Julia Reyes Taubman was in her small West Village pied-à-terre on the eve of the launch of her photography book, “Detroit: 138 Square Miles,” in which she ardently documents the city she has grown to love.
“Hopefully what this book will do is make people understand that Detroit is one of the most visually compelling places I’ve ever been,” she said. This from a frequent world traveler just back from Brasilia.
This story first appeared in the November 15, 2011 issue of WWD. Subscribe Today.
Taubman moved to Detroit in 1999 when she married Robert S. Taubman, whose family business, which includes the Taubman Centers retail properties, has been headquartered in the Motor City for more than 60 years. Although Taubman had never taken a single photograph before, over the last decade she has taken more than 40,000 shots of the buildings, as well as people from every walk of life and on every corner of this city that is an icon of America’s industrial heyday. Set to hit shelves Nov. 30, the book will be celebrated at a party tonight at the Manhattan’s Whitney Museum of American Art.
At its height, in the Fifties, 1.8 million people lived in the Motor Capital of the World, but today it has a little more than 700,000 residents. Because so much of the city was abandoned in so short a time (a period of about 20 years), and because there was little reason to maintain, let alone demolish, what was left behind, the buildings remain. Taubman, a one-woman fan club of Detroit, celebrates her city as it is, carved by both man and nature. She compares Detroit to Angkor Wat, the Buddhist temple complex in Cambodia that coexists with its surrounding jungle, but bemoans the fact that Detroit is not a destination for architectural pilgrimages.
“There is no architect or designer that could affect these buildings the way weather does,” said Taubman, who champions a new migration to the city and insists that all comers, artists included, will be equally inspired by its buildings and its people.
“I really believe that there is no equivalent building to the Packard Plant in the world,” Taubman said of one particular point of inspiration. “The wild thing is that people today who live three or 10 or 15 miles away have no idea of what the Packard Plant meant for our country and for the Second Industrial Revolution, and, above all, that it still exists.”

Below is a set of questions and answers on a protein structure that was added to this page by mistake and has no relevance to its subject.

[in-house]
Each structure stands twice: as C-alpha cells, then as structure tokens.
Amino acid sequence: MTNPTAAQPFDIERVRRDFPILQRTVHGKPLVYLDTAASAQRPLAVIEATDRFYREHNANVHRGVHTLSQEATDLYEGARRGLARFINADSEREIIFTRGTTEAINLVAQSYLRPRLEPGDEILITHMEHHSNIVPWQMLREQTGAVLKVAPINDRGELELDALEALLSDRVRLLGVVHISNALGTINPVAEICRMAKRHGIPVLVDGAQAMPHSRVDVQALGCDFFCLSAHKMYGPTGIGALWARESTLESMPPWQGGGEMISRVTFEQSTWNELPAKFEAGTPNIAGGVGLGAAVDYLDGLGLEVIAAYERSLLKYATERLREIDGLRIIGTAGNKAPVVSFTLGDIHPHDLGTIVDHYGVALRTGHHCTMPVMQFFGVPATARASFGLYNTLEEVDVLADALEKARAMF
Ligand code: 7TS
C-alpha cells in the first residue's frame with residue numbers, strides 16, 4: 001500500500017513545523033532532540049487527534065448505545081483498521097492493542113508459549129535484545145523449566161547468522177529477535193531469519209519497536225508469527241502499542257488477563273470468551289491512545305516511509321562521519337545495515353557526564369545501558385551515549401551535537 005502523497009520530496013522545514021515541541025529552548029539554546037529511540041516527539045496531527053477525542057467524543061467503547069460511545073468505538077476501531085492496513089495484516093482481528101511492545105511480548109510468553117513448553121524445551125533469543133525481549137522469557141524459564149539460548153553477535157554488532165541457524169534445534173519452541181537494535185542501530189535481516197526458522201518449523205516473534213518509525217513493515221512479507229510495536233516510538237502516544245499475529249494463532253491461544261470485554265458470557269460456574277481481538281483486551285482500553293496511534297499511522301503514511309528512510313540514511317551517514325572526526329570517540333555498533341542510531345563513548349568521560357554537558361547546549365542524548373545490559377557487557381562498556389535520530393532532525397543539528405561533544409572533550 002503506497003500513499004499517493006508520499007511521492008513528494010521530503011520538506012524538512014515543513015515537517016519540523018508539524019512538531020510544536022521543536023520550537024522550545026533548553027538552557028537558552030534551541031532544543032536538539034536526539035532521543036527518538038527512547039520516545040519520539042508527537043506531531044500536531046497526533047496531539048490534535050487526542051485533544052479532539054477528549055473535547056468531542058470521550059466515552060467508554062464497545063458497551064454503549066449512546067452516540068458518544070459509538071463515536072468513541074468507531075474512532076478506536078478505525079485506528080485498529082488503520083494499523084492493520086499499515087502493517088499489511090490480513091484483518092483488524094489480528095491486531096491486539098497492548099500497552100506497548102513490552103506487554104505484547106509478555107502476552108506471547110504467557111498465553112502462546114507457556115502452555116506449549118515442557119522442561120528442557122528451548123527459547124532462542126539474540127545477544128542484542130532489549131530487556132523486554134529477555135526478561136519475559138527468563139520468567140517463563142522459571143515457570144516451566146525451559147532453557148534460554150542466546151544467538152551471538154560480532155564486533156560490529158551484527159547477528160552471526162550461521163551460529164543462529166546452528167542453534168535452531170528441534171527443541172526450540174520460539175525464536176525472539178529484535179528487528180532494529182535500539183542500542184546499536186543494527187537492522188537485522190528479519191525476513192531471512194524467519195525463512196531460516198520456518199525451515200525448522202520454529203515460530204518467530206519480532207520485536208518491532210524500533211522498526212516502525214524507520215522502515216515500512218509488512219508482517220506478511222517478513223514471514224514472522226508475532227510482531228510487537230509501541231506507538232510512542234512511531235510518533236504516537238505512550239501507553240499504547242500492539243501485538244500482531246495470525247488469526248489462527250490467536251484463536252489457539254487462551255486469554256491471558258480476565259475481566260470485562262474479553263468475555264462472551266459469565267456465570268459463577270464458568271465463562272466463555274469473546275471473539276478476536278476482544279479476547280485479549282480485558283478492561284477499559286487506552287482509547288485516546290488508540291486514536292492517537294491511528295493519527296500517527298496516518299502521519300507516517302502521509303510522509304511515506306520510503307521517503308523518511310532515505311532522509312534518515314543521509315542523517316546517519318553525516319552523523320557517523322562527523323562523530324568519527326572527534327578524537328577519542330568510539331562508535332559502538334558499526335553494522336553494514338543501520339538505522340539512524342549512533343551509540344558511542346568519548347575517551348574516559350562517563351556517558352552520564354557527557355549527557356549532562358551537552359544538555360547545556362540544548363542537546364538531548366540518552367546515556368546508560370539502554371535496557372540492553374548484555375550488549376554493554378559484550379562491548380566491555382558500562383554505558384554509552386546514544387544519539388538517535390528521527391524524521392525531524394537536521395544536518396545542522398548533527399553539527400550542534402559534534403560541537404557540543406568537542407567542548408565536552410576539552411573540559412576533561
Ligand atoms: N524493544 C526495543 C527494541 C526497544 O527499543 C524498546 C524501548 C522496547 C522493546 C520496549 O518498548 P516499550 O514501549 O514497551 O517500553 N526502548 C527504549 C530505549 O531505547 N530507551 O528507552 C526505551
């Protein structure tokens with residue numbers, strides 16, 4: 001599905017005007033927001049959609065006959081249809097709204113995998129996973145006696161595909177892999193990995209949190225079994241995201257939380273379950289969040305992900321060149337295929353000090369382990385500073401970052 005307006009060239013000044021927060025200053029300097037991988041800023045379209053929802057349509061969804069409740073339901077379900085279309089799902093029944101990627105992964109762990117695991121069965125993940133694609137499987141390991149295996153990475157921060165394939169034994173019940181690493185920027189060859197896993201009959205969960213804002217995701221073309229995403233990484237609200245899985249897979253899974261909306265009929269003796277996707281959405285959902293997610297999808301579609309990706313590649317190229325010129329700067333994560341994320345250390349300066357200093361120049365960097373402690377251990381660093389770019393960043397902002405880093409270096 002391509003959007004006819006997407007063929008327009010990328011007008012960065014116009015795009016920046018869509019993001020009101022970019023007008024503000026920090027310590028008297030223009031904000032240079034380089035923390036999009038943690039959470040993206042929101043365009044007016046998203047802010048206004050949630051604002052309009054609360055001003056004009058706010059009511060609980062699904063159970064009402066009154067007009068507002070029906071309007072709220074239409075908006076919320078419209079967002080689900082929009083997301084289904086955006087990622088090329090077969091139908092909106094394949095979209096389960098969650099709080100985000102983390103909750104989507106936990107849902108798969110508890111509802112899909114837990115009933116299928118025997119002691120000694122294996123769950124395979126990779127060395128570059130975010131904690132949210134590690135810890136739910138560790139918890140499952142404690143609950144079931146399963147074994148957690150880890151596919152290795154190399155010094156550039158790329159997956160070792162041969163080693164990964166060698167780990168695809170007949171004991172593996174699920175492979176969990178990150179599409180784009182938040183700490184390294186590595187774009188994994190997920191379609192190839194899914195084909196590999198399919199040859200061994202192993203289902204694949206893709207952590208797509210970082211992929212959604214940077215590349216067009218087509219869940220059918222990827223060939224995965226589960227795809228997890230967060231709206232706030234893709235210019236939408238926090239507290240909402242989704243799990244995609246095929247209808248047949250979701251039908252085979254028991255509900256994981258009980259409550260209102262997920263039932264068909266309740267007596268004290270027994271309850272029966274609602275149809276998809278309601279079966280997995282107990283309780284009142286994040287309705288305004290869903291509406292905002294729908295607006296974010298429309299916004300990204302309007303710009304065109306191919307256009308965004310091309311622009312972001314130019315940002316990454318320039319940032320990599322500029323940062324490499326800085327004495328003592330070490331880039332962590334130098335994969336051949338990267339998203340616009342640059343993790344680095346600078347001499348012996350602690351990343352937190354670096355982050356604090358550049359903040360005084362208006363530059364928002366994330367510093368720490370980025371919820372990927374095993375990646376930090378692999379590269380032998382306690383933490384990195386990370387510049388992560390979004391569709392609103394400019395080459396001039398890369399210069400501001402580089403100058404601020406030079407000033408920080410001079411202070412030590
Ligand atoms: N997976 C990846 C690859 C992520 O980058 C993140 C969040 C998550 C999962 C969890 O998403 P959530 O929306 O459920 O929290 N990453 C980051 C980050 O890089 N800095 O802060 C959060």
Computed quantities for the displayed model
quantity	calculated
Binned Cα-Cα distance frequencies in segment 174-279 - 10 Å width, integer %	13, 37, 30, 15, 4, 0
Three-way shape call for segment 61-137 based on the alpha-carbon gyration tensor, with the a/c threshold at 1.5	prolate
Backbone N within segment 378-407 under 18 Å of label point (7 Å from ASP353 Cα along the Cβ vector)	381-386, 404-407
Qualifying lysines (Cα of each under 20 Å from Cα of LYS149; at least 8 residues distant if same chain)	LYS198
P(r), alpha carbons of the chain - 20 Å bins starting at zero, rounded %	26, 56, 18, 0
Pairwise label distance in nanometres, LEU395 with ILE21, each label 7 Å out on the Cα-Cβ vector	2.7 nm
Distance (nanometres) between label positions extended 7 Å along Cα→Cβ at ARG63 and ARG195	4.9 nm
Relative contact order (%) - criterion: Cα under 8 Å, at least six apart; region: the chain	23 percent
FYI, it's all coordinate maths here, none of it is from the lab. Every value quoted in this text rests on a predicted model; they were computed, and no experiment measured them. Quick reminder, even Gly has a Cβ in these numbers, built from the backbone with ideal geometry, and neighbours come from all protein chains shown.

Built by the great American architect Albert Kahn in 1903 for James Ward Packard, the great structure is a mile long and encompasses 3.5 million square feet and 74 buildings.
“To me, Kahn is the greatest American architect,” she said. “This guy built a thousand buildings, and for each one, innovation was the order of the day.”
Indeed, as one of the founding members and chairman of the Museum of Contemporary Art Detroit (MOCAD), housed in a former auto dealership — designed by Kahn, of course — Taubman stands as a model for what can be achieved in a place like Detroit.
It was the success of the Packard Plant, begun in 1909, that caught Henry Ford’s attention and convinced him to hire Kahn to design the Ford Motor Company’s famous Highland Park Plant.
“This place totally changed manufacturing in America, and in the rest of the world,” Taubman said of the plant. “He figured out reinforced concrete and changed the whole paradigm of production. The first nine buildings were built like regular mills, but by the tenth they used reinforced concrete and started experimenting with column spacing. They created skylights, introducing daylight into the work space and making work conditions more humane.”
The book is a testament to both the verdancy of Detroit and its detritus, alternating between phoenix and ashes. Near its close, she sifts through the rubble and revisits the images in smaller format and gives some of them captions with the aid of University of Michigan professors Robert Fishman and Michael McCullough. The technique evokes the past through the details of the present.
“There is beauty in despair, and sometimes a glimmer of hope. We see life and death in Detroit, nothing Chamber of Commerce inspired, but more real than any other reality show,” writes novelist and screenwriter Elmore Leonard, a Taubman friend and fellow Detroiter, in the preface for “Detroit: 138 Square Miles.” “If what happened in Detroit is a crime, Julia’s book is the crime story.”